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ECE professor earns award for study on pianists’ hand positions

Marge Skubic plays a piano as the Kinect device sits overhead.

Professor Marge Skubic illustrates how the Microsoft Kinect device, above, was set up to capture pianists’ hand positions.

Electrical and computer engineering Professor Marge Skubic’s work has appeared in numerous publications and earned her multiple accolades over the years. But her latest award came from an unusual source for an engineer.

Skubic worked with assistant professor of piano pedagogy Paola Savvidou, assistant teaching professor of physical therapy Brad Willis and recent College of Engineering graduate Mengyuan Li on “Assessing Injury Risk in Pianists: Using Objective Measures to Promote Self-awareness,” and the group’s paper recently earned the 2016 Article of the Year honor from the Music Teachers National Association (MTNA).

“I did get a kick out of the idea that as an engineering professor, I got a best paper award in a music journal,” Skubic quipped. “I didn’t expect it.”

Skubic’s work with the Microsoft Kinect device and expertise in sensors from her extensive work with them in the field of eldercare provided exactly what Savvidou was looking for to gather data and begin work on a screening tool to assess the posture and hand positions of pianists. This latest paper used the Kinect depth camera to take overhead depth images of the hand positions of 15 participants to determine whether or not the participants were using proper form as they played the same selection of piano pieces. Depth images store the distance to the nearest object at each pixel, differentiating them from grayscale images, and further work allows the image of the hands to be segmented out.

A piano with sheet music and a Microsoft Kinect device on top.

Using the Kinect, seen above, as opposed to devices mounted on the hands provided a passive, unobtrusive way of collecting data without affecting the natural form of the participants.

Using the Kinect as opposed to devices mounted on the hands provided a passive, unobtrusive way of collecting data without affecting the natural form of the participants.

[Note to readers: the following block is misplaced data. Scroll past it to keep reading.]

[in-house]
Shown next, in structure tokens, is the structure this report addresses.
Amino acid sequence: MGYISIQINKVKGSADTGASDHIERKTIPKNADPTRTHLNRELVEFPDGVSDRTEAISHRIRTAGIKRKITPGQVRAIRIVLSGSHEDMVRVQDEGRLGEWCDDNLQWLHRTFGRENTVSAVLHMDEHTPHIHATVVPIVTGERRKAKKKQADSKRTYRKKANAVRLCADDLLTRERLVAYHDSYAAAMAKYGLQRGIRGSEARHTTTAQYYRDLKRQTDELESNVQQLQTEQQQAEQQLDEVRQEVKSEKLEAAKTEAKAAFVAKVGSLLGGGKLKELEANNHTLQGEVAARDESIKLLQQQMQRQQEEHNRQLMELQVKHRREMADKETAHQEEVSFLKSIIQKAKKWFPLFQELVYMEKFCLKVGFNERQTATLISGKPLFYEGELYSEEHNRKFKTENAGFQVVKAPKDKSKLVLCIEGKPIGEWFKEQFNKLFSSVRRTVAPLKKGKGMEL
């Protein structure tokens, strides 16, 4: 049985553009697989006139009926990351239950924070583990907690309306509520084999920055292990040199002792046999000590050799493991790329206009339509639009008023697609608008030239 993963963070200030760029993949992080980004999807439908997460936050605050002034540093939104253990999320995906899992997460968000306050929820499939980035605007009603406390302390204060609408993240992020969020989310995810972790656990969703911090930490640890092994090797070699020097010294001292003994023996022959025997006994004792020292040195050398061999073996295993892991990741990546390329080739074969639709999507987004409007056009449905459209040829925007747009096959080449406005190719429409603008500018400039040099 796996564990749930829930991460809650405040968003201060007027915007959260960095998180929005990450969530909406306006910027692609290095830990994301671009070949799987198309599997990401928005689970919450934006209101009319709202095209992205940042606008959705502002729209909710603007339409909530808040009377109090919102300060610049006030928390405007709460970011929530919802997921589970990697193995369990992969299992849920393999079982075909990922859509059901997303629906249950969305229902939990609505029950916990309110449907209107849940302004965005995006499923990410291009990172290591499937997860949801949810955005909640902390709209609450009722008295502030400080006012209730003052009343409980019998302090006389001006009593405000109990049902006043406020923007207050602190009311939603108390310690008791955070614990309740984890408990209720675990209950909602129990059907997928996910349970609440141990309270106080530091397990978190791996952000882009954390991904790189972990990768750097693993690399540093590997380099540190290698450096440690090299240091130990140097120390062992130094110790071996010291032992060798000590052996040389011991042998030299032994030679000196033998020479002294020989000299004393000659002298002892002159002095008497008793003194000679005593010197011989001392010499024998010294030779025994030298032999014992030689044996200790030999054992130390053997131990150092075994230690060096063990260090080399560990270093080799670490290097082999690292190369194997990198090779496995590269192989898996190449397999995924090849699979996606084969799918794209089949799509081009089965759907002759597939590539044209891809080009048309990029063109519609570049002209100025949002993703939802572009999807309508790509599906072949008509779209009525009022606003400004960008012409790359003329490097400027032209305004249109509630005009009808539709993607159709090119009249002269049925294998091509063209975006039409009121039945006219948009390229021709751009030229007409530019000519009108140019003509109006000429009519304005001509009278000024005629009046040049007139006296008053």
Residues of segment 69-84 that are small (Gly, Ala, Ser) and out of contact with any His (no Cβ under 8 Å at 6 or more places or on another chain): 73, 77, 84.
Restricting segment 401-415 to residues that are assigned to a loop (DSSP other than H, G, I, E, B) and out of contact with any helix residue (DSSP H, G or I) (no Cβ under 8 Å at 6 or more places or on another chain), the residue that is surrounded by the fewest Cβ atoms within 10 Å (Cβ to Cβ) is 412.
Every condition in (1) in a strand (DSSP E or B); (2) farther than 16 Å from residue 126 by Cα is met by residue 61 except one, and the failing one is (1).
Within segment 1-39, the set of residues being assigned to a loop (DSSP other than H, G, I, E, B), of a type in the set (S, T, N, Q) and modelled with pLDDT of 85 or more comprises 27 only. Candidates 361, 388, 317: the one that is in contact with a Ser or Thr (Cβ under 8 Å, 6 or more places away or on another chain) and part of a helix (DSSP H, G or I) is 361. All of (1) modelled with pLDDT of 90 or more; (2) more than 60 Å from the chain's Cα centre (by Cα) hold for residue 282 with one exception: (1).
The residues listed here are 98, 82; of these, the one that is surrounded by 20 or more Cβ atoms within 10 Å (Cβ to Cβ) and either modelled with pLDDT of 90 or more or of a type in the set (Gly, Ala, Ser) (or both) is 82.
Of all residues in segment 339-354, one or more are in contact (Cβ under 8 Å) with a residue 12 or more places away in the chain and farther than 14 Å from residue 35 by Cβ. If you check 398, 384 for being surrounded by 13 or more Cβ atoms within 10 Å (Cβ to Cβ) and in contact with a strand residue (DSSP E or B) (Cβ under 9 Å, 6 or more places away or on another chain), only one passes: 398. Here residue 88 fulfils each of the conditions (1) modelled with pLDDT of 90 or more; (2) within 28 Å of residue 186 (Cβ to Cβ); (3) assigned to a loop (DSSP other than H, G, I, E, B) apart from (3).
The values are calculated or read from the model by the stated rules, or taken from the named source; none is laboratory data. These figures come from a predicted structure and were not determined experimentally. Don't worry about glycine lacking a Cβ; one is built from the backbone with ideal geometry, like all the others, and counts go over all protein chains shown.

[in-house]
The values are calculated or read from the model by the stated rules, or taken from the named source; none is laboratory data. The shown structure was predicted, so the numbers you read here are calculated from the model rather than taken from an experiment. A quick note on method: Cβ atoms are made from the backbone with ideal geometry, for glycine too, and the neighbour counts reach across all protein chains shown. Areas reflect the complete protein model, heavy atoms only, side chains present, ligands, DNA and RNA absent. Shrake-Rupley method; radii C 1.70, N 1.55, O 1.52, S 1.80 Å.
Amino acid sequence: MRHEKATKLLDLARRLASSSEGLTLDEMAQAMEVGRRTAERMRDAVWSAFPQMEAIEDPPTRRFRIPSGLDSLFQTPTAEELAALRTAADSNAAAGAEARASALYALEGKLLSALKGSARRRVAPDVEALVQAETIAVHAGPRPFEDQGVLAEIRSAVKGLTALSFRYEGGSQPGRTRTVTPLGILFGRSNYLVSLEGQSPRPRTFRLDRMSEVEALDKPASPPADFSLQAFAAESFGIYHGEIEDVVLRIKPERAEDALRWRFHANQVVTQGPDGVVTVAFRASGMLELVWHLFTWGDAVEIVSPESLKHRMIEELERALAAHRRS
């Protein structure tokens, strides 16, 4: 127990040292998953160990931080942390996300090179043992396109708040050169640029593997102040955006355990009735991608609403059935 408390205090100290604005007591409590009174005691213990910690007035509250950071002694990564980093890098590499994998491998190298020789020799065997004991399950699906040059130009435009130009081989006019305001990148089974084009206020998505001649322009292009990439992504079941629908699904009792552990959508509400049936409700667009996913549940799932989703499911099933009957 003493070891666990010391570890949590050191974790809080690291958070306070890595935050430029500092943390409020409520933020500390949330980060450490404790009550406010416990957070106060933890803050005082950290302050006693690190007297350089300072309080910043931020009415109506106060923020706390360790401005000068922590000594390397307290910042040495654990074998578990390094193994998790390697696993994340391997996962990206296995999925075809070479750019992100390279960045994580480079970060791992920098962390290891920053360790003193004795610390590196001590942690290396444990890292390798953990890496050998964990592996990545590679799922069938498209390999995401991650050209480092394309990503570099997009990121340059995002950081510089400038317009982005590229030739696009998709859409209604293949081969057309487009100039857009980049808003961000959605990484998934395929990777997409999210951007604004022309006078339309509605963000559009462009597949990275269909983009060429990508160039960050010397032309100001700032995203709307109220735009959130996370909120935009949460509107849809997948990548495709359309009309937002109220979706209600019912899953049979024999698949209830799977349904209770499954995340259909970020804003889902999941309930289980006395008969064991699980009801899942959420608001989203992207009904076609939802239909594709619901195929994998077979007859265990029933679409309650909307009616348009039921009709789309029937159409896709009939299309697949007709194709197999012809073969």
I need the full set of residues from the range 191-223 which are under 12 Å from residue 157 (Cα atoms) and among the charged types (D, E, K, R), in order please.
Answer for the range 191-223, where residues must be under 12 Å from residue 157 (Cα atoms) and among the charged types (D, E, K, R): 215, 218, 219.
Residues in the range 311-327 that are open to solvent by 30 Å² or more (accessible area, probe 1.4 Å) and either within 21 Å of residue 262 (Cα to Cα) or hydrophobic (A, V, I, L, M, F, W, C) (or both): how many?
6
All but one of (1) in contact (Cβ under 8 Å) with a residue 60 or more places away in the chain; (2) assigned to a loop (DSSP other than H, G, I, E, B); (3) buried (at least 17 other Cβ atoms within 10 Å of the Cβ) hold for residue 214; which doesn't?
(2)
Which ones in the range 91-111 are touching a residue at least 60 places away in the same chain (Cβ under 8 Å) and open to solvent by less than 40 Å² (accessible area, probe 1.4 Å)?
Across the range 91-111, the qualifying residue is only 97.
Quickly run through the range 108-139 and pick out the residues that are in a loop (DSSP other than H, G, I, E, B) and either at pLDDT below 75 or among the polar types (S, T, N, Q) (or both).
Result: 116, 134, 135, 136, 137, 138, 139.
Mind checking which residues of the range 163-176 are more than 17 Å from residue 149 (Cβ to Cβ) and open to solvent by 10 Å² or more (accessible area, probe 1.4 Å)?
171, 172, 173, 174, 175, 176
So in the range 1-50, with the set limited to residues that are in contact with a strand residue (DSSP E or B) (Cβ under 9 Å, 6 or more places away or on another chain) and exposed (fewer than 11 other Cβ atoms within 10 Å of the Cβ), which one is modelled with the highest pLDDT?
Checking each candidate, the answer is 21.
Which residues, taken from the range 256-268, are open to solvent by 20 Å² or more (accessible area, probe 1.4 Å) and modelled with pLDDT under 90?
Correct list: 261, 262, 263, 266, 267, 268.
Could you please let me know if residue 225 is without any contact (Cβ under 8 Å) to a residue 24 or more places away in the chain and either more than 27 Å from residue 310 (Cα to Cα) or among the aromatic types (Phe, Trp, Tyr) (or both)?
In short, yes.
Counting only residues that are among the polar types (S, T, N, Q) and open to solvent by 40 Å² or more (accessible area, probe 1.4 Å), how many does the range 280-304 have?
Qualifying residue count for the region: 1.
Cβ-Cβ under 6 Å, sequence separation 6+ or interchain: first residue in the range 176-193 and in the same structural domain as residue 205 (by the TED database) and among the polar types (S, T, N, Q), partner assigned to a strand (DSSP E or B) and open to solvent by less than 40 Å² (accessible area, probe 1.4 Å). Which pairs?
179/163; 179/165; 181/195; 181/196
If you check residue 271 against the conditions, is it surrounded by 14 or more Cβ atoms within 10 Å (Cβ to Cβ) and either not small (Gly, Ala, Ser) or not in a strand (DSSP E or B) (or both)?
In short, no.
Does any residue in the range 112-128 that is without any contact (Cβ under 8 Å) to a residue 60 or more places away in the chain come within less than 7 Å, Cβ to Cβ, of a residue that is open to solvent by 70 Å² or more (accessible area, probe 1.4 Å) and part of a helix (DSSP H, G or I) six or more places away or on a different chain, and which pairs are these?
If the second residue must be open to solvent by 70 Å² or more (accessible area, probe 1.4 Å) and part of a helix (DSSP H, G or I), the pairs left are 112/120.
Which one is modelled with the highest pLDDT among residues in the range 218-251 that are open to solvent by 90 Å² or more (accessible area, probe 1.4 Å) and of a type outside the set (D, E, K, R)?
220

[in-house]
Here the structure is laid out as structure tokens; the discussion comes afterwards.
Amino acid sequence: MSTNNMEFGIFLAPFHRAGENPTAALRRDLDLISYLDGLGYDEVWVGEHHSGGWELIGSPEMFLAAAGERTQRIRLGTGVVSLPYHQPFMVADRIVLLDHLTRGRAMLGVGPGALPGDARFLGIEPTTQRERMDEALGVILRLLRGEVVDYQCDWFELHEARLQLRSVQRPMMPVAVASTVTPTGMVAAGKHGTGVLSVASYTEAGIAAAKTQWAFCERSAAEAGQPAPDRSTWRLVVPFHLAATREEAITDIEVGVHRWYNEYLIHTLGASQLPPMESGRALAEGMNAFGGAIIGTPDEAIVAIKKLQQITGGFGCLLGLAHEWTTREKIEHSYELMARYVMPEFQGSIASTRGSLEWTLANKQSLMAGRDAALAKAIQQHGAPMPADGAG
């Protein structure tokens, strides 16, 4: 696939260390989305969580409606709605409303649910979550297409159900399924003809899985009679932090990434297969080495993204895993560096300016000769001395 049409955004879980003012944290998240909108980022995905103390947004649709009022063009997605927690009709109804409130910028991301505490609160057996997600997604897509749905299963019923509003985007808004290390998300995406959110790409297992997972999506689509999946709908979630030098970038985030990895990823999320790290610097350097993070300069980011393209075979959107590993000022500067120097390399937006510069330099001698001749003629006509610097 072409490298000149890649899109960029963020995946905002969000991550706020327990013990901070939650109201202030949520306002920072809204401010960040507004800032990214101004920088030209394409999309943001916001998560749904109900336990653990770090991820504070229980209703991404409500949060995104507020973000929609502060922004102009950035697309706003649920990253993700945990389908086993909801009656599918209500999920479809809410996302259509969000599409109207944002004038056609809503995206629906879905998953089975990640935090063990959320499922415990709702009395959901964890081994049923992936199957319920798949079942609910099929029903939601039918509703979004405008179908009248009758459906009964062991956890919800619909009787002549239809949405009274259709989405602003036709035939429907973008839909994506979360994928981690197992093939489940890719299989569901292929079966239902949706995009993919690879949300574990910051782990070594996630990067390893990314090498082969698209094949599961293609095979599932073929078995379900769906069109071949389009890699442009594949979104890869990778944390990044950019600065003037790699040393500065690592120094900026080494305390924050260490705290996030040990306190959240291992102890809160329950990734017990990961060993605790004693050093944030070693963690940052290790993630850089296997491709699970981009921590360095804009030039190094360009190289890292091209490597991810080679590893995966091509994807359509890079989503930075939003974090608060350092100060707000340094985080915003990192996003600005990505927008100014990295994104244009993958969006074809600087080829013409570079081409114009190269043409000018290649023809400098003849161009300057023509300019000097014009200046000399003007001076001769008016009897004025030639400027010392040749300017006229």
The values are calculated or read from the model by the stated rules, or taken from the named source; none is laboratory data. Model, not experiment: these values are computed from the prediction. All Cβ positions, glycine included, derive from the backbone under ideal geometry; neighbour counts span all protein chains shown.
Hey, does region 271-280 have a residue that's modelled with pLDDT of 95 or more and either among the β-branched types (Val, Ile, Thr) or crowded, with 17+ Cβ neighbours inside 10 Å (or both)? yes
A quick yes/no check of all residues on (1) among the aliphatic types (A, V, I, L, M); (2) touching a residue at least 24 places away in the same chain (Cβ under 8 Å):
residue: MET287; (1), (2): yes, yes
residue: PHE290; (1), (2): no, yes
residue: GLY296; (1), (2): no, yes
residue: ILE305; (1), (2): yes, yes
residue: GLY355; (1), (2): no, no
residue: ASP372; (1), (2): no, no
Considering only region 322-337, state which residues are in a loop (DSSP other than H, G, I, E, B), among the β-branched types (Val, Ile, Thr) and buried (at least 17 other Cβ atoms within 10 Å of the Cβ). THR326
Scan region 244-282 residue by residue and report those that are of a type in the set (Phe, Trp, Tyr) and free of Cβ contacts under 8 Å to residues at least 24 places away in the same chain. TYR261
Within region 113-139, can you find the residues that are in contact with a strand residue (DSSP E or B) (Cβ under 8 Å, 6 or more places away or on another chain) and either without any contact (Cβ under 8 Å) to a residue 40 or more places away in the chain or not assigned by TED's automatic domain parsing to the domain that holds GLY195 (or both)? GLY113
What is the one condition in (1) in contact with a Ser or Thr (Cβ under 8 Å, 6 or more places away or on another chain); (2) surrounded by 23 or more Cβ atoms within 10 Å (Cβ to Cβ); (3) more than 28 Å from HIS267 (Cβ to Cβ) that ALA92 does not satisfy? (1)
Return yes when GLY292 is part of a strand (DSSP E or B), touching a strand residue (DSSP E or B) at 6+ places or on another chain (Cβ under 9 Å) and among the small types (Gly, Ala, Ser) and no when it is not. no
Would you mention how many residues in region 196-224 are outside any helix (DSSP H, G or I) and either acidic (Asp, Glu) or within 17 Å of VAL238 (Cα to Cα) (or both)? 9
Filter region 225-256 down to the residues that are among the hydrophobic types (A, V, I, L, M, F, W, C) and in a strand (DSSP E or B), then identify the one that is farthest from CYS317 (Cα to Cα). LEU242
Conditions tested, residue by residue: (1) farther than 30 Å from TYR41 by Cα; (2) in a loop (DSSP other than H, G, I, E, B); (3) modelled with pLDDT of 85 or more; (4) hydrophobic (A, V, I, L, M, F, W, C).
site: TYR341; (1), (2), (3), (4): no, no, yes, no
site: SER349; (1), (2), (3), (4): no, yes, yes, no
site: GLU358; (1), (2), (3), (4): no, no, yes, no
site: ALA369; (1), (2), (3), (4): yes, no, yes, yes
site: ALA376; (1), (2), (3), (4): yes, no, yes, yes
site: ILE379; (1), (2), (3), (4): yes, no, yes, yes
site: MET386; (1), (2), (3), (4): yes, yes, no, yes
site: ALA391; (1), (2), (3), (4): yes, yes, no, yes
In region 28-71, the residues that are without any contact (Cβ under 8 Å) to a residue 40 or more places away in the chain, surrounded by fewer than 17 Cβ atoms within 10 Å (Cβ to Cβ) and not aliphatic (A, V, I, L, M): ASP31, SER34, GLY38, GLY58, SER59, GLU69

A lack of proper form often leads to injuries, including maladies such as tendinitis and carpal tunnel. Proper form is considered a non-flexed wrist position, curved hand position and having fingertips in contact with the surface of the keys.

“If you have a piano student that may practice eight or 10 hours a day, No. 1, it can set them up for injury,” Skubic said. “It could be even permanent injury that can knock out their chance of having a performance career. The other problem of course is that you don’t get the right technique for playing, and that also affects the sound, the quality of the music.”

The paper was the latest report on the quartet’s work. Li, who graduated with her master’s degree from MU Engineering in 2015, used the project as the basis for her thesis, as well as a paper titled “The Detection of Potentially Harmful Hand Postures in Pianists Using Kinect Depth Images.” The paper was accepted by the Conference of the IEEE Engineering in Medicine and Biology Society in 2014.

“We had a large number of papers; we took many students there. We had some really good papers, and the interesting thing is the paper that seemed to have gotten the most buzz was this paper about pianists,” Skubic said. “There was a lot of interest in it, maybe because it was so unusual.”

Savvidou said in an Arts and Sciences news release that her eventual goal is to create a screening tool that automatically detects poor form. Skubic, meanwhile, posited that this project could open the door for similar Kinect-based studies into hand posture in the future.

“It’s a repetitive stress injury, really. And I think there’s some opportunity to translate that to computer keyboard work,” Skubic said.